Arriving late to this show wasn't an option. Opening for his younger brother, Project Pat took the stage to a cloud of smoke. A cloud that would continue to get larger as the show progressed. Playing a diverse set list kept the crowd entertained but at times it felt like they were disinterested, which is puzzling given that his music is eerily similar to that of his brothers. You can only rap about weed, women and your city so many times before it starts to sound repetitive.
Sandwiched between the two brothers was new kid on the block Travis Scott. Easily the most energetic of the three performers, he bounced around the stage like there was a trampoline beneath him. But Scott decided that stage wasn't good enough for him. So he jumped on the rail of the VIP section, turned up and then crowd surfed his way back to the stage. That's one way to get remembered.
- Brian Weiss
- Security guards hold Travis Scott's legs as he raps a song on the guardrail.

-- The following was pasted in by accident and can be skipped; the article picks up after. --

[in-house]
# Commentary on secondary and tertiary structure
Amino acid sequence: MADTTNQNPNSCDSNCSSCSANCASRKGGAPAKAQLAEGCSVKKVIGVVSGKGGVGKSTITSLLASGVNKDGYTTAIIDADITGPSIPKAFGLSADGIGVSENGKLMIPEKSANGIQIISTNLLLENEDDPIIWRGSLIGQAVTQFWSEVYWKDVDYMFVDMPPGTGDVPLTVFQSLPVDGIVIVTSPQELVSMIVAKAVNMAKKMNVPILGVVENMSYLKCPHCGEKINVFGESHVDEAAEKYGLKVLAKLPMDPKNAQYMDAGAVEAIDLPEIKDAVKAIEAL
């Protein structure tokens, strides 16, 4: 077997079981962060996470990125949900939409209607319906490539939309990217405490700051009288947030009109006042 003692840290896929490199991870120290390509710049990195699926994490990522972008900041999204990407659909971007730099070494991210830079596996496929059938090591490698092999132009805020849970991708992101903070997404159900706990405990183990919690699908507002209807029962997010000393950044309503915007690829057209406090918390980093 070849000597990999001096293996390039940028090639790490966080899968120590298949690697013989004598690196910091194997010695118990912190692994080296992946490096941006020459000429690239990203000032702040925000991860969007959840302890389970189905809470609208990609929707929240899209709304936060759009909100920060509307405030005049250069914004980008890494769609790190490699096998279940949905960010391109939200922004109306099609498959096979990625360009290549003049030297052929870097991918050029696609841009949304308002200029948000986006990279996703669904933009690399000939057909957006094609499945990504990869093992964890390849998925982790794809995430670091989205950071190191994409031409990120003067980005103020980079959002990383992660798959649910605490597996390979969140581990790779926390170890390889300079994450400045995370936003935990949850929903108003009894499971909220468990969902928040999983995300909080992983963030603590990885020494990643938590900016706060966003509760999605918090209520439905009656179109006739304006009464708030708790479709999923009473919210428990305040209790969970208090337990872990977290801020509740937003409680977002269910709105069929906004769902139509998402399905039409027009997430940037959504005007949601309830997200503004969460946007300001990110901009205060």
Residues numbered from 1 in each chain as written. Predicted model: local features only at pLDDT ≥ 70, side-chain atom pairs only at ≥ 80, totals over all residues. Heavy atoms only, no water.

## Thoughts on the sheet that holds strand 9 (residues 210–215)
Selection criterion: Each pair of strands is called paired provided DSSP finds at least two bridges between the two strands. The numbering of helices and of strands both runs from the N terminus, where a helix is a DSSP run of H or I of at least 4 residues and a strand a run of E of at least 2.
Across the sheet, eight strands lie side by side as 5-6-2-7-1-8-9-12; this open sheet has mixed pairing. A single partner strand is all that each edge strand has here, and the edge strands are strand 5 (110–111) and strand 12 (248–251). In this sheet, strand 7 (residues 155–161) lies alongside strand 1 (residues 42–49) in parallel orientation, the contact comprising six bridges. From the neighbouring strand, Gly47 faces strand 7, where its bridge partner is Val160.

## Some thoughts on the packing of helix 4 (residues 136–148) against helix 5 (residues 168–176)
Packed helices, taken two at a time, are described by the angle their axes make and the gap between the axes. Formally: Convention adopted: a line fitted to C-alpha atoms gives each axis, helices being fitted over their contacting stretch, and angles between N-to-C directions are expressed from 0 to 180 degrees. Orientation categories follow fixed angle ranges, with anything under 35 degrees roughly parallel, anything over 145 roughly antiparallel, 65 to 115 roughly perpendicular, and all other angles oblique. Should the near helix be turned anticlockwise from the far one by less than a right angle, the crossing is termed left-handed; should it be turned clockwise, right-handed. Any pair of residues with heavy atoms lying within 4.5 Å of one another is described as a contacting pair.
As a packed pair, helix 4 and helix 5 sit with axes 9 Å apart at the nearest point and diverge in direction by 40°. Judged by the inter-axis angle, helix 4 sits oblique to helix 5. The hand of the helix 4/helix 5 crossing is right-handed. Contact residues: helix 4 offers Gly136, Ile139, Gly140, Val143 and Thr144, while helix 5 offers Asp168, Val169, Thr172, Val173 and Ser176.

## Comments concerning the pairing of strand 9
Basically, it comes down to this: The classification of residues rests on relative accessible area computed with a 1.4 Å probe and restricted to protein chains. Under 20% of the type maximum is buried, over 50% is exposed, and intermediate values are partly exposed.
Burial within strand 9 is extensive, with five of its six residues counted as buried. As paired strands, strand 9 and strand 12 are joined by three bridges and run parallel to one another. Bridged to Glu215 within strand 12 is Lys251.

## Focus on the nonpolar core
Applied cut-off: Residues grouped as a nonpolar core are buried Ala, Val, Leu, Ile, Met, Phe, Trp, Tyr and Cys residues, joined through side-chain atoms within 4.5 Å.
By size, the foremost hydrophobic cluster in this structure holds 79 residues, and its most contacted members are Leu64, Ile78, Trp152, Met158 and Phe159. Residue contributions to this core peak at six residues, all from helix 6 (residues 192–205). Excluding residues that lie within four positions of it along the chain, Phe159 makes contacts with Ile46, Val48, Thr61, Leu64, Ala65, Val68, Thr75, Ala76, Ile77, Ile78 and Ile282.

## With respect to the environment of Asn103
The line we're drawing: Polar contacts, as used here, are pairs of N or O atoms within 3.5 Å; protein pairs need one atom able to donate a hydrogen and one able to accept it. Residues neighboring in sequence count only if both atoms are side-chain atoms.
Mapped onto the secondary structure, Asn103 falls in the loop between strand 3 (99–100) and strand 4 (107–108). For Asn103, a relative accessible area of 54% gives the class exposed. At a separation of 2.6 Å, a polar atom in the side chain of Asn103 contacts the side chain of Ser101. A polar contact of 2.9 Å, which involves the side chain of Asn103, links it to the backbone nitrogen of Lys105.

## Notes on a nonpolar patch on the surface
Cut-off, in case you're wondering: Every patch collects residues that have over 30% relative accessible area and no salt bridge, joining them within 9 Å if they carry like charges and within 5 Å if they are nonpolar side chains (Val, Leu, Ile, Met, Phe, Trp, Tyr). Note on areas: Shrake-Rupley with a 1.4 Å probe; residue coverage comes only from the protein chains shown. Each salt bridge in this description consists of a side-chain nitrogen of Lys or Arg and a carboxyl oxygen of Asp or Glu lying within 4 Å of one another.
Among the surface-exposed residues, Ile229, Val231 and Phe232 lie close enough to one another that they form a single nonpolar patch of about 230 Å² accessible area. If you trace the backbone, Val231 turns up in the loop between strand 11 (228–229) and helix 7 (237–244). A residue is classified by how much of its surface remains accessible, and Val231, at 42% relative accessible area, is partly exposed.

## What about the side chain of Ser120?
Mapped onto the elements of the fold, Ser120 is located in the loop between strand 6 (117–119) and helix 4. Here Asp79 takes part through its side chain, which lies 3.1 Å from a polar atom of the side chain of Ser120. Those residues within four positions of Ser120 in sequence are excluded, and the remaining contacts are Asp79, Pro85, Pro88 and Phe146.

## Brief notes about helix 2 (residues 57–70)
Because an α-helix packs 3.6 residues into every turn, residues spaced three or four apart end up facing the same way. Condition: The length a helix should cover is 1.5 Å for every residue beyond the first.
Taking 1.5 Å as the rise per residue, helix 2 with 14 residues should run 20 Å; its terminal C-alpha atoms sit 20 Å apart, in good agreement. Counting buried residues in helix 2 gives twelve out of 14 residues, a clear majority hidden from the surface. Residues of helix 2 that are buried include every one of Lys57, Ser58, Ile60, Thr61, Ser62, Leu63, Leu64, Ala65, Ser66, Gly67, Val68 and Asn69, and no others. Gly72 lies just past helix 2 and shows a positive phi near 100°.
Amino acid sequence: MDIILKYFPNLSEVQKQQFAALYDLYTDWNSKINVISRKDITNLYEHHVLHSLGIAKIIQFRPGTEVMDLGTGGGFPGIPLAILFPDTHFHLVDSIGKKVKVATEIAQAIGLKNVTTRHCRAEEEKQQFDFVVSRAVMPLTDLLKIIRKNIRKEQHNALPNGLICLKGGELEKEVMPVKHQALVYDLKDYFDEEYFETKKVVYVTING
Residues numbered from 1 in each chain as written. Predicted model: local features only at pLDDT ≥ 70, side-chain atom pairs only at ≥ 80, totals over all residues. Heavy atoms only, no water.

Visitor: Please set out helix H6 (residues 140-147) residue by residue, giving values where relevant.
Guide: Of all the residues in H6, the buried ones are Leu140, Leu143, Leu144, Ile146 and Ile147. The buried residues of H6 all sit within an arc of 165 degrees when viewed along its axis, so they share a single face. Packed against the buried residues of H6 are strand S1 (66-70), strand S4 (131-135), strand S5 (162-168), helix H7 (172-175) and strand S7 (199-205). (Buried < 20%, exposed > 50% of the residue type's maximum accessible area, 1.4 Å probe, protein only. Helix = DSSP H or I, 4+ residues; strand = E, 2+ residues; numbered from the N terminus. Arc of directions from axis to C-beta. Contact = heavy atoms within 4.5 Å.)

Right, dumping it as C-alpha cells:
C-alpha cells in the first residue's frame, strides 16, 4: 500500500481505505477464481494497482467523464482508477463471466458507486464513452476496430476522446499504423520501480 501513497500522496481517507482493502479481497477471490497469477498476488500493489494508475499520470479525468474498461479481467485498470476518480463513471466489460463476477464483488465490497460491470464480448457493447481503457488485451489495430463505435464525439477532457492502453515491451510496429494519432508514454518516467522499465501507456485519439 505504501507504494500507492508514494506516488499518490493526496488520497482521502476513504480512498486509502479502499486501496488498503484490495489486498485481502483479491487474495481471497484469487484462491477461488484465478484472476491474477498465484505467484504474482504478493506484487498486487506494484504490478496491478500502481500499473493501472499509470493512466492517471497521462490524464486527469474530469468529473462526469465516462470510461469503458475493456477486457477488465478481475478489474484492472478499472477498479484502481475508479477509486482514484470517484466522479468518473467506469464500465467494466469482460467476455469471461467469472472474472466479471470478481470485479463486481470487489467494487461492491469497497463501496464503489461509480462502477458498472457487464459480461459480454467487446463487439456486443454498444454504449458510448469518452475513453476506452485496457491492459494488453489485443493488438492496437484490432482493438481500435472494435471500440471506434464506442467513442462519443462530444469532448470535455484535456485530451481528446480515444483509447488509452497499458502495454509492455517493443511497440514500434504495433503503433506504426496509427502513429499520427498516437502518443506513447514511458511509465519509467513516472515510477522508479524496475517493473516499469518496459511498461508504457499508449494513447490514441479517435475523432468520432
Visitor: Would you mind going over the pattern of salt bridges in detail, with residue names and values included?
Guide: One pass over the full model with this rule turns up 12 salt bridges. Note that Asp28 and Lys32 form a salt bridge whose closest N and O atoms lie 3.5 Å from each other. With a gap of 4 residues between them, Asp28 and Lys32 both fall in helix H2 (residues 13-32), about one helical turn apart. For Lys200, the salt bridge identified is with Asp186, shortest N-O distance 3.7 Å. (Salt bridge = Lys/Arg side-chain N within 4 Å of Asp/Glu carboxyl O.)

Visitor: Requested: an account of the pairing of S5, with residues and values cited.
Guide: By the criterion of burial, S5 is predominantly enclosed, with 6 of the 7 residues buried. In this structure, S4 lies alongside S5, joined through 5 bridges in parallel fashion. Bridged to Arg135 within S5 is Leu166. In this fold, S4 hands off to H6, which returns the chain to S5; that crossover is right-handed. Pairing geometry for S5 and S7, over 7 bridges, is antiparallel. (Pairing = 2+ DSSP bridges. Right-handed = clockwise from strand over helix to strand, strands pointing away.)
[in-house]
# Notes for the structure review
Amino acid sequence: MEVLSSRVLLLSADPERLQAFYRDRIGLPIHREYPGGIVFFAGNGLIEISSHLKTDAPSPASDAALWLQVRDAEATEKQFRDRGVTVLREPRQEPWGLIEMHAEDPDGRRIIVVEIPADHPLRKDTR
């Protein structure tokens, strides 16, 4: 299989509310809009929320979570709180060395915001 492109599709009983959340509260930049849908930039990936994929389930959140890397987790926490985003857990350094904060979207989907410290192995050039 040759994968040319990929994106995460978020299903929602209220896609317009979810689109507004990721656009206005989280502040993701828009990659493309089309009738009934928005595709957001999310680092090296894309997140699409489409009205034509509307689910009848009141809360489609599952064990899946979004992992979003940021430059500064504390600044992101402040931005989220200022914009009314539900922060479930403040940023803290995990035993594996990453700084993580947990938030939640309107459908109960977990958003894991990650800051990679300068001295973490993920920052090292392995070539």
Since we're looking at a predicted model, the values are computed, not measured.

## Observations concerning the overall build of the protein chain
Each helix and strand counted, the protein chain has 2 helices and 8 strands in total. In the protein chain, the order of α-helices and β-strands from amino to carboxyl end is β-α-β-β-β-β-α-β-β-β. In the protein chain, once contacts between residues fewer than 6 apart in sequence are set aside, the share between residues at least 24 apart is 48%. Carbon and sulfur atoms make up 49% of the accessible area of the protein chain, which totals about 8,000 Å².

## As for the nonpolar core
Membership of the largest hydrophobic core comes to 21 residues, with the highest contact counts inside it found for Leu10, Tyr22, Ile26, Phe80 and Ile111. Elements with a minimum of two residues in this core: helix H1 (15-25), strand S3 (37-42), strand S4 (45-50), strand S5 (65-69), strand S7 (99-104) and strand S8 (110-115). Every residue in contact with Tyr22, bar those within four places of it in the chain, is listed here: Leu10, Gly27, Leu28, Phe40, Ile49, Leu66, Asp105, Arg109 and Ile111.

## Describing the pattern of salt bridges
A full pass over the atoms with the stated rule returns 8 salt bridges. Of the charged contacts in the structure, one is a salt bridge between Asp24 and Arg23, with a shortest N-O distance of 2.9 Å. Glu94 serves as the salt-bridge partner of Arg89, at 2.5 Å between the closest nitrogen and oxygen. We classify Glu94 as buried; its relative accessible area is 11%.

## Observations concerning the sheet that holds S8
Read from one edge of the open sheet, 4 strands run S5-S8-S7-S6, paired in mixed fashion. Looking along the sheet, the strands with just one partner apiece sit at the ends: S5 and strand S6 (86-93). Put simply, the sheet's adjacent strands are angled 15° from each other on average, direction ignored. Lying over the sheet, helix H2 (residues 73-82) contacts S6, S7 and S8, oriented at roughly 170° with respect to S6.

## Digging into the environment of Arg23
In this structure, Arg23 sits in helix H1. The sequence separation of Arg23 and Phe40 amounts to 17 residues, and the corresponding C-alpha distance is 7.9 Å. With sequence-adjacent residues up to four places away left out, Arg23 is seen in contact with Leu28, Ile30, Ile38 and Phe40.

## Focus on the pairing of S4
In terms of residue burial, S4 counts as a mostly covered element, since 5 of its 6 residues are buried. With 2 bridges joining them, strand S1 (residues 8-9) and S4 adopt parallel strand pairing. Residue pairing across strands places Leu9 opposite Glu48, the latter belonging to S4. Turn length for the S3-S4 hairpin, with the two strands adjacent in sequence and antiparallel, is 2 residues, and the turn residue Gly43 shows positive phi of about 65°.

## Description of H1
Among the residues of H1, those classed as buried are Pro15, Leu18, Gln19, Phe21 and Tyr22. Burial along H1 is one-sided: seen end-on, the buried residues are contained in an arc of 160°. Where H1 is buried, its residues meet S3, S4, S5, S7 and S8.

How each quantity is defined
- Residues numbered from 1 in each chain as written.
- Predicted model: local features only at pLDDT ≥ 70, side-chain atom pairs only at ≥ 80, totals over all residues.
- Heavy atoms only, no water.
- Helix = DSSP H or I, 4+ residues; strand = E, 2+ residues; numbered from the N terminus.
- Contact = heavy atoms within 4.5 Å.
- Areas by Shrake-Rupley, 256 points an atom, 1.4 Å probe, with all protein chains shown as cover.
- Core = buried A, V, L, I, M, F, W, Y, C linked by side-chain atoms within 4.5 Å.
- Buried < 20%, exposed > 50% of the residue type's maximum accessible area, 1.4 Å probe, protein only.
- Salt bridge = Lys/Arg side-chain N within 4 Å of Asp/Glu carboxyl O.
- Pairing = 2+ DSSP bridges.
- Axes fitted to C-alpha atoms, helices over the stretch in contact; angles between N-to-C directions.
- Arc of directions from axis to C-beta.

Juicy played a large majority of the tracks of his latest album Stay Trippy, including "Scholarship," "Show Out" and "If It Ain't." All three perfect for a crowd filled with college-aged students that were far from sober.
In the midst of a solid set, Juicy started ranting about how some of his fans think he's a new artist, which couldn't be further from the truth. The short rant turned into an interesting lead-in into what I like to call a 'Three 6 Mafia short set.' Playing snippets of classics like "Stay Fly," "Poppin' My Collar" and "Slob on My Knob" had to be the highlight of the show. Although I was a bit disappointed Project Pat didn't join him on stage for a little brotherly rewind.
The most awkward moment of the night came when Juicy decided to join the selfie bandwagon. Pausing from his routine weed questions to see if any fine young ladies wanted to snap a quick photo, he brought the concert to a standstill. This was followed by the request for ladies to join him on stage to shake their asses to "Bounce It," how fitting.
And of course Juicy wasn't going to go a full show without playing the song that put his name on the map, "Bandz a Make Her Dance." That and his verse on Katy Perry's "Dark Horse" received the largest amount of feedback from the crowd, surprising no one.